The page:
Most oppose salmon plan
Roughly two-thirds of submissions on New Zealand King Salmon's plan to develop nine new salmon farms in the Marlborough Sounds are opposed to the proposal.
A rough count of the 1266 submissions posted on the Environmental Protection Authority website this week found about 65 per cent opposed and 35 per cent supported the application. The figure is approximate as it excludes neutral submissions, those offering partial support or opposition and others where a stance is not stated.
The authority is overseeing the application and has appointed a board of inquiry, expected to hear the application in Marlborough from August 13 until September 14.
The summary separates out submittors' opinion on two changes to the Marlborough Sounds Resource Management Plan that would allow eight farms to be developed in an area where aquaculture is prohibited and nine applications for resource consent.
The authority is considering an application from King Salmon for two changes to the Marlborough Resource Management Plan and nine resource consents needed to establish the farms.
Forty-three per cent of submittors said they wanted to be heard by the board of inquiry.
Eight submittors indicated they were trade competitors.
A breakdown of main issues raised in submissions was:
National and local economic benefits including job creation
Sustainable farming of fish being preferable to catching wild supplies.
Farms create noise, smell, traffic, are lit at night
Natural and open space landscapes become industrial
Water is contaminated with fish food and faeces
The environment reaches a tipping point
High levels of nitrogen and phosphates in the water
Maori interaction with the sea and traditional interests is disrupted
Damage to habitats of king shags, Hector's dolphins and other species
No monitoring of water quality between farms
Navigational safety risks
Farms limit public access for fishing and boating
Farms are not sustainable
Negative effects on tourism
Integrity of Marlborough Sounds Resource Management Plan is challenged
Application process rushed and information hard to access
Unequal resources for applicant and public
Information misleading or incorrect
A precedent could be set for more aquaculture
Overseas-owned company takes gains and New Zealand carries risks
35 years is too long for a consent.
WHO WANTS A SAY ON KING SALMON'S PLAN?
Penny Wardle dips into the submissions:
The Department of Conservation opposes New Zealand King Salmon gaining resource consent to develop two new salmon farms at the Queen Charlotte end of Tory Channel.
In a submission to the Environmental Protection Authority, which is overseeing the company's application to develop nine salmon farms, the ministry says siting these farms alongside scenic reserves would set a precedent.
More information was needed, especially on what models King Salmon used to measure the ecological effects of farm waste. The submission also recommends fish feed limits be lower than proposed.
The ministry opposed two farms, partially opposed two and was neutral on five.
The Ministry for Primary Industries supports King Salmon's right to seek plan changes that would enable company growth. It agrees a board of inquiry is the best way to evaluate the application.
The Kenepuru and Central Sounds Residents' Association said the five farms planned at the mouth of Pelorus Sound would create a bottleneck, which was inconsiderate to other users. It was one of four residents' associations to submit, mostly against the new farms.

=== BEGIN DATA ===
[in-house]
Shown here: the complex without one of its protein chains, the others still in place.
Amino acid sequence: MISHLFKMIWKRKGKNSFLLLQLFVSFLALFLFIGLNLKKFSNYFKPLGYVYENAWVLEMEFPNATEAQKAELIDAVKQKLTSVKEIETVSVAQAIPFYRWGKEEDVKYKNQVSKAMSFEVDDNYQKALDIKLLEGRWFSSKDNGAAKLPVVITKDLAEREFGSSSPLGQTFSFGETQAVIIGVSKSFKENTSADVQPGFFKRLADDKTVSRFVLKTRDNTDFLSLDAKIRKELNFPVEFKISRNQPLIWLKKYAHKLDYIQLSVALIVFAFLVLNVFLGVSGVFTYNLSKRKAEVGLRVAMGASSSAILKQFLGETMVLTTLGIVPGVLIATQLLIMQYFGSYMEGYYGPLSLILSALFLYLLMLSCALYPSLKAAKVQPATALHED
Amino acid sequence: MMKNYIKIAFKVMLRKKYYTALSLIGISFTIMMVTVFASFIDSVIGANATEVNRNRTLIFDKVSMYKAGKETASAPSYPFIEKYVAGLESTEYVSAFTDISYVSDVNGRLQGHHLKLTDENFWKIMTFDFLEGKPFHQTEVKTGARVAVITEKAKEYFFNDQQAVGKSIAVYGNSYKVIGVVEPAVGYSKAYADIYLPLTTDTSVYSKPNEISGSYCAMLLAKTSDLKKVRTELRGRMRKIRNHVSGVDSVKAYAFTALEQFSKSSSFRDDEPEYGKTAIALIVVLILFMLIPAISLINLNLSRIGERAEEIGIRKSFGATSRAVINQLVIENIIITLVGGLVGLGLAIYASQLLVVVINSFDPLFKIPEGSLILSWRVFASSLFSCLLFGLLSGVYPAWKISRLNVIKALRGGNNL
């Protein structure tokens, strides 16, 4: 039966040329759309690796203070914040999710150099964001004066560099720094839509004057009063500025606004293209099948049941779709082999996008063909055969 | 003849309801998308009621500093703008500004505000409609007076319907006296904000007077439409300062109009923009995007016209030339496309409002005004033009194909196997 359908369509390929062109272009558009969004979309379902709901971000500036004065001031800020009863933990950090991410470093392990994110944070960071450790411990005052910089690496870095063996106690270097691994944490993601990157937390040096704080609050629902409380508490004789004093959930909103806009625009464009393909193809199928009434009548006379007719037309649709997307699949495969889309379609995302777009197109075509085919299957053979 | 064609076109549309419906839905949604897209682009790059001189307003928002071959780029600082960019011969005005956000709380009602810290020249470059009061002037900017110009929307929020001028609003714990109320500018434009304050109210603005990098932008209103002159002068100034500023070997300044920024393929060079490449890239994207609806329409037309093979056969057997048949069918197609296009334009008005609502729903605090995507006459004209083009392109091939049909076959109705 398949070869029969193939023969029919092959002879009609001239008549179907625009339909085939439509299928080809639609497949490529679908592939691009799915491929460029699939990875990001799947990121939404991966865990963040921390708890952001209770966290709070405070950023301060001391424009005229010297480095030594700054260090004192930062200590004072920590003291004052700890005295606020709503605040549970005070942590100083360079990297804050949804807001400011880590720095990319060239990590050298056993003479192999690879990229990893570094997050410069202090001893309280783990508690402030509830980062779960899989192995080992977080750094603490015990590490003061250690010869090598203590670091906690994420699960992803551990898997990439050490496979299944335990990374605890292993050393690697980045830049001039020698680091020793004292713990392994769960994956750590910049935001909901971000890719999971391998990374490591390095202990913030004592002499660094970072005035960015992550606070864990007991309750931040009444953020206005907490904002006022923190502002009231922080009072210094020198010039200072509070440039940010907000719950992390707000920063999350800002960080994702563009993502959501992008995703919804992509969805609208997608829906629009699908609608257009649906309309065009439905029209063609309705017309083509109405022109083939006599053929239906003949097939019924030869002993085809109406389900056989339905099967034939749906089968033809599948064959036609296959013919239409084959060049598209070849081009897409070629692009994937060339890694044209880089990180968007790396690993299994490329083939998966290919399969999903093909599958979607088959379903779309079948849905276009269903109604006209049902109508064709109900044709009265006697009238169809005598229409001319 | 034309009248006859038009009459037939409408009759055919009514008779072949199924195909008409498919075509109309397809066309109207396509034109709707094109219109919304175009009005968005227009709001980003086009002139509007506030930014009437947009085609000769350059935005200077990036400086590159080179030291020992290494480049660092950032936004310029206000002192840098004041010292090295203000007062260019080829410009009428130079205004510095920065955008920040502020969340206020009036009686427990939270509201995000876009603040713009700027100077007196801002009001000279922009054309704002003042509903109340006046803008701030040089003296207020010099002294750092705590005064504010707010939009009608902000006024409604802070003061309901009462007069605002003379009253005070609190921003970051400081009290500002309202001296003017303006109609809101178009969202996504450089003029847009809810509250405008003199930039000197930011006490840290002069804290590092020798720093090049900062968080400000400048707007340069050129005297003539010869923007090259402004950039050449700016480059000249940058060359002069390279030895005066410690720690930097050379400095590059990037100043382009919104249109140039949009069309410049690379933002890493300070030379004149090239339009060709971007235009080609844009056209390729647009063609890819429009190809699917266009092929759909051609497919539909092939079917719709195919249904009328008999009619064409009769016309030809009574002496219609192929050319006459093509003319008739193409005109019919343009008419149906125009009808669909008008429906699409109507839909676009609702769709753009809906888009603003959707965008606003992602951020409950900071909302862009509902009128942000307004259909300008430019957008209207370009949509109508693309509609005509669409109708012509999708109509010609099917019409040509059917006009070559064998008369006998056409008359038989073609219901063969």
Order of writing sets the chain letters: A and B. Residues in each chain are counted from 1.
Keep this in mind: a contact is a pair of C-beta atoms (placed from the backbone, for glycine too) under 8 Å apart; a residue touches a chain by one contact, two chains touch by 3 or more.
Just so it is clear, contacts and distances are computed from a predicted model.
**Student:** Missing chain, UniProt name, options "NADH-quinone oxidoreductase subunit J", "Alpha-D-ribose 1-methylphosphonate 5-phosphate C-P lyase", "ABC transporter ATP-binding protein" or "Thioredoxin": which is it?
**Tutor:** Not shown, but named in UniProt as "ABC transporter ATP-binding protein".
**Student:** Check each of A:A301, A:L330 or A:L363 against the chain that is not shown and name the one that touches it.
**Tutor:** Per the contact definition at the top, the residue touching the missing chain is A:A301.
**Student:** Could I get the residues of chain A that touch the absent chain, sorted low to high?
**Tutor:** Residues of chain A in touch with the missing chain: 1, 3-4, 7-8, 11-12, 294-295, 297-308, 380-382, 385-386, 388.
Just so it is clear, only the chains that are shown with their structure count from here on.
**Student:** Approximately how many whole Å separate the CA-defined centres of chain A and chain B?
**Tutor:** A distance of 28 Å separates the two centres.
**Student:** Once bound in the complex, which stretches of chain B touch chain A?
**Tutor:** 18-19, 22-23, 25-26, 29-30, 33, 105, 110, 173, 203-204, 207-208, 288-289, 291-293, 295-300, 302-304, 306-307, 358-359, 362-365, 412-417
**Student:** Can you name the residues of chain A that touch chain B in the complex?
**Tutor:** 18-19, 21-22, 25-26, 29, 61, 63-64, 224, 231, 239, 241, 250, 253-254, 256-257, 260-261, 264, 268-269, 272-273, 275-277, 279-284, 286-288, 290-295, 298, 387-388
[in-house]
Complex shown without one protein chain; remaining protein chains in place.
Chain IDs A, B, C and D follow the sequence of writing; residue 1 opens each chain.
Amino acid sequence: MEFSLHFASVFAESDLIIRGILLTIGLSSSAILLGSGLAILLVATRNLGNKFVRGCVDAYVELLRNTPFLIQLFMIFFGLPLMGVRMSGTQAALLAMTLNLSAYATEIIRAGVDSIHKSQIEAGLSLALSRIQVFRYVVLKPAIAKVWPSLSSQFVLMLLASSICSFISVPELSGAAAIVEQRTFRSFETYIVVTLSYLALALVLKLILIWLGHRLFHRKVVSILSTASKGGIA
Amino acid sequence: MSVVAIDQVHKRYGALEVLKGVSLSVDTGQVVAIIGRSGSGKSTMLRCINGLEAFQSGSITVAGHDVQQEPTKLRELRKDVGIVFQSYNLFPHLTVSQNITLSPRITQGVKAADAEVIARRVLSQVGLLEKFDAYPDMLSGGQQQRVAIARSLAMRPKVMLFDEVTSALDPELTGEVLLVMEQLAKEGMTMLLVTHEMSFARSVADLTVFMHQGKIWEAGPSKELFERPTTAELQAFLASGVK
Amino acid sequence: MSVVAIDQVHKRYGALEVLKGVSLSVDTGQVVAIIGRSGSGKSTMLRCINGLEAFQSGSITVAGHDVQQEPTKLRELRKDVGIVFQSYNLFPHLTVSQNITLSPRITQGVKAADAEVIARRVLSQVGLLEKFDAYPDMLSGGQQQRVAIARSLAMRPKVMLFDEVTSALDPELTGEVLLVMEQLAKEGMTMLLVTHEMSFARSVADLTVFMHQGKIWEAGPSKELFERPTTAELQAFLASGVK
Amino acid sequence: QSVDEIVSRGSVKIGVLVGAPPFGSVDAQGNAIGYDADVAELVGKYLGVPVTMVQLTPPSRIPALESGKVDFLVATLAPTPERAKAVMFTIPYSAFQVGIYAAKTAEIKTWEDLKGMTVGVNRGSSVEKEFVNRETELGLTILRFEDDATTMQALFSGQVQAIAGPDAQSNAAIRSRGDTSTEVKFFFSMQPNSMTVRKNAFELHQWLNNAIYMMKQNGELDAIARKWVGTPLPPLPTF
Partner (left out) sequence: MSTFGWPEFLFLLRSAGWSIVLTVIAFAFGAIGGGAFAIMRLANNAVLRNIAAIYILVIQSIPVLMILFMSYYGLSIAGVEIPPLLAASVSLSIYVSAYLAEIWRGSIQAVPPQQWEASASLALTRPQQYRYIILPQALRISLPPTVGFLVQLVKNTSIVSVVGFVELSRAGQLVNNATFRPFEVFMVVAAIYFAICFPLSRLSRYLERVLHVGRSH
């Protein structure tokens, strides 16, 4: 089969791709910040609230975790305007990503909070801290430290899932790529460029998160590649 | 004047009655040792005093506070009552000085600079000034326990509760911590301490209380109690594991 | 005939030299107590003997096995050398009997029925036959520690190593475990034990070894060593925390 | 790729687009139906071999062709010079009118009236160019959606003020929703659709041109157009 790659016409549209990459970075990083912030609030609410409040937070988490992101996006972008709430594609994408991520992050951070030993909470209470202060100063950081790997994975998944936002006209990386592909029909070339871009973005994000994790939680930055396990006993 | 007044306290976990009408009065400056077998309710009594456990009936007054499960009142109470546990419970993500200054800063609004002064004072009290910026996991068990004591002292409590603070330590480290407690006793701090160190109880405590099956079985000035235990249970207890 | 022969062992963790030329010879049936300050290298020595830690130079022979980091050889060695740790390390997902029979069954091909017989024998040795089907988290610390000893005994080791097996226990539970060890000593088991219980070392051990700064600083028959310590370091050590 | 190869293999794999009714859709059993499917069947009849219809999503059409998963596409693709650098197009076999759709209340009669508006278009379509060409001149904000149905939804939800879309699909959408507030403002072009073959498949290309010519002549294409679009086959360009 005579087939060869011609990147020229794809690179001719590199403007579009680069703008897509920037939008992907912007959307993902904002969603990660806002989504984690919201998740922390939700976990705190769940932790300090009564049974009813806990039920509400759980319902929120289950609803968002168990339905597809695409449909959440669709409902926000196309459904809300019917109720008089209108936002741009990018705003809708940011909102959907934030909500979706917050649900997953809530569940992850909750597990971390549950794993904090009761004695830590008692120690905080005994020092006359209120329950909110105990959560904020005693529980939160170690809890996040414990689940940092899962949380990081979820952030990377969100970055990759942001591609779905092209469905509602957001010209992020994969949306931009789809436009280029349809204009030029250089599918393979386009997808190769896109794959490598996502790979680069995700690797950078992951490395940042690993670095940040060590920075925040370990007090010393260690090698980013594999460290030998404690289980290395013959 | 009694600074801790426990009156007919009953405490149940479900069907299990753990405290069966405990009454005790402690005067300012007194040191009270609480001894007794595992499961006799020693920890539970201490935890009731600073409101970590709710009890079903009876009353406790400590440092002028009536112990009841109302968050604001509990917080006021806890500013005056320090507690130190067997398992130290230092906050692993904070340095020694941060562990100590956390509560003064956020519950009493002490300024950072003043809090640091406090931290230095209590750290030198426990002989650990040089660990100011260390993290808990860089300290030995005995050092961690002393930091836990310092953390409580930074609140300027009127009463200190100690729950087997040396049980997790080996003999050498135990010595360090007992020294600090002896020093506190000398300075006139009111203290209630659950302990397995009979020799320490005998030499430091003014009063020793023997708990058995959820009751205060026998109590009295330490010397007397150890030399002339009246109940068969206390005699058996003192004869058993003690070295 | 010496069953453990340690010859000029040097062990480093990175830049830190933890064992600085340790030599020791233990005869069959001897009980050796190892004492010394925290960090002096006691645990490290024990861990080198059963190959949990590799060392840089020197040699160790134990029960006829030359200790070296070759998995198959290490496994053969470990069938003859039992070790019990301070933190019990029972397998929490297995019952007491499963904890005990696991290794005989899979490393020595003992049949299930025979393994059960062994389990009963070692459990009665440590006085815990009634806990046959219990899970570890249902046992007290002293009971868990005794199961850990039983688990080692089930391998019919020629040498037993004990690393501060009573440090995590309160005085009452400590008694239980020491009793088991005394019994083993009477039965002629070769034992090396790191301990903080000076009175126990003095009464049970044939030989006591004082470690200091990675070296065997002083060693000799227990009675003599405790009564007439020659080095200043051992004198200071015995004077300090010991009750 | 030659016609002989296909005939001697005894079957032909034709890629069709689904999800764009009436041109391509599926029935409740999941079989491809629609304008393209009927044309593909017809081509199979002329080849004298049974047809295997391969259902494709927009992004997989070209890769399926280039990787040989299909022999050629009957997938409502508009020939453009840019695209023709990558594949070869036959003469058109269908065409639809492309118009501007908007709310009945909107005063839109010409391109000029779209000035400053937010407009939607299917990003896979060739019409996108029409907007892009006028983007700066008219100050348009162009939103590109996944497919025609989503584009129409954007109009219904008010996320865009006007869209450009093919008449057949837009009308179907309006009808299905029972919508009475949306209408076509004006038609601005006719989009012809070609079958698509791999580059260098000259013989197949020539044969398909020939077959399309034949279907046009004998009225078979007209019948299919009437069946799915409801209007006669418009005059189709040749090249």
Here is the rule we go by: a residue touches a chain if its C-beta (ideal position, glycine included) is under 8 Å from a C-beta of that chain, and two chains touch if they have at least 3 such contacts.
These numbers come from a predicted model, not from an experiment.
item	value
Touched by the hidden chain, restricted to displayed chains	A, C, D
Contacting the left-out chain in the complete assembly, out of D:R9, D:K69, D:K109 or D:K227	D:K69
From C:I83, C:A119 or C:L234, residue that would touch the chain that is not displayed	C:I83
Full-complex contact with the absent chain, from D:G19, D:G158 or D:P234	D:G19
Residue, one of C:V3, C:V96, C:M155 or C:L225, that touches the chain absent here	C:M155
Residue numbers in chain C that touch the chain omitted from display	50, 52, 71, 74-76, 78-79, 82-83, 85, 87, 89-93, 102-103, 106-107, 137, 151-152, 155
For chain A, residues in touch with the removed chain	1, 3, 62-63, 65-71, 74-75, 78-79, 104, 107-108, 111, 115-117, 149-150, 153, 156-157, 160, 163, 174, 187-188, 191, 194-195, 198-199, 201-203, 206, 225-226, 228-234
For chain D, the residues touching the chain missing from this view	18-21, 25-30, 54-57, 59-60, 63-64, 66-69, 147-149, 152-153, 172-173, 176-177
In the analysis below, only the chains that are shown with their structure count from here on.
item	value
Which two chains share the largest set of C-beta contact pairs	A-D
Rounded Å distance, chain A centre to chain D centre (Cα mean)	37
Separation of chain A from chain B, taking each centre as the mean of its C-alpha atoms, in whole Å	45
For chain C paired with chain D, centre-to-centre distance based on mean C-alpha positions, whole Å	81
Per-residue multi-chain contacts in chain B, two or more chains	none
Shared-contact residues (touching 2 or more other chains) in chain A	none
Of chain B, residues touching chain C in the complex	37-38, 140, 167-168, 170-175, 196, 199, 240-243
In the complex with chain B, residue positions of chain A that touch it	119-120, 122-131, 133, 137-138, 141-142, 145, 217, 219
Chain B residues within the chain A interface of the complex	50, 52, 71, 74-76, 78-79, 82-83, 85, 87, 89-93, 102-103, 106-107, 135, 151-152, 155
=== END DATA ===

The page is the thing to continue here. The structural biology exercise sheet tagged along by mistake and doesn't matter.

The association said King Salmon exaggerated the benefits of its proposed farms and an economic report it commissioned used unreliable and confidential information.
Johnson's Barge Service, which visited farms weekly, said it found them clean, tidy and regularly monitored. The expansion would mean jobs and flow-on economic benefits, its submission said.
The Johnson family rated King Salmon as one of the most sustainable and well-run businesses it had seen during 100 years of barging in the Sounds.
Alistair Gray of Picton Floatplane said sites in high-flow areas such as Tory Channel and Port Gore could be more sustainable than those in the inner Sounds.
Pelorus Mail Boat objected to a majority overseas-owned company profiting from salmon farming while the New Zealand public bore environmental and other costs.
The Tasman Rugby Union said King Salmon plans fitted its goal of keeping young rugby talent in the district and in jobs.
Port Marlborough supported plan changes that would open prohibited zones to King Salmon and said navigation near the farms should be safe if conditions were followed.
Kiwi Rail was satisfied King Salmon had covered navigation issues, especially around Tory Channel.
Ngati Kuia iwi said its access to traditional coastal resources could be undermined by proposed plan changes.
Waikawa Marae said the farms would commercialise cultural, traditional and recreational rights, threaten kaimoana beds and could pollute traditional food sources.
The Marlborough Recreational Fishers Association said the farms would limit fishing access and attract predators, including seals.
Nelson Underwater Club members noted pollution from existing salmon farms, increased sediment in nearby kelp forests and falling fish numbers. If King Salmon developed its proposed farm in Port Gore, diving around the wreck of the Mikhail Lermontov would be compromised.
The Environmental Defence Society objected to all proposed farms, saying their scale was too big for the landscape. King Salmon should have looked more closely at areas with less outstanding landscapes.
- The Marlborough Express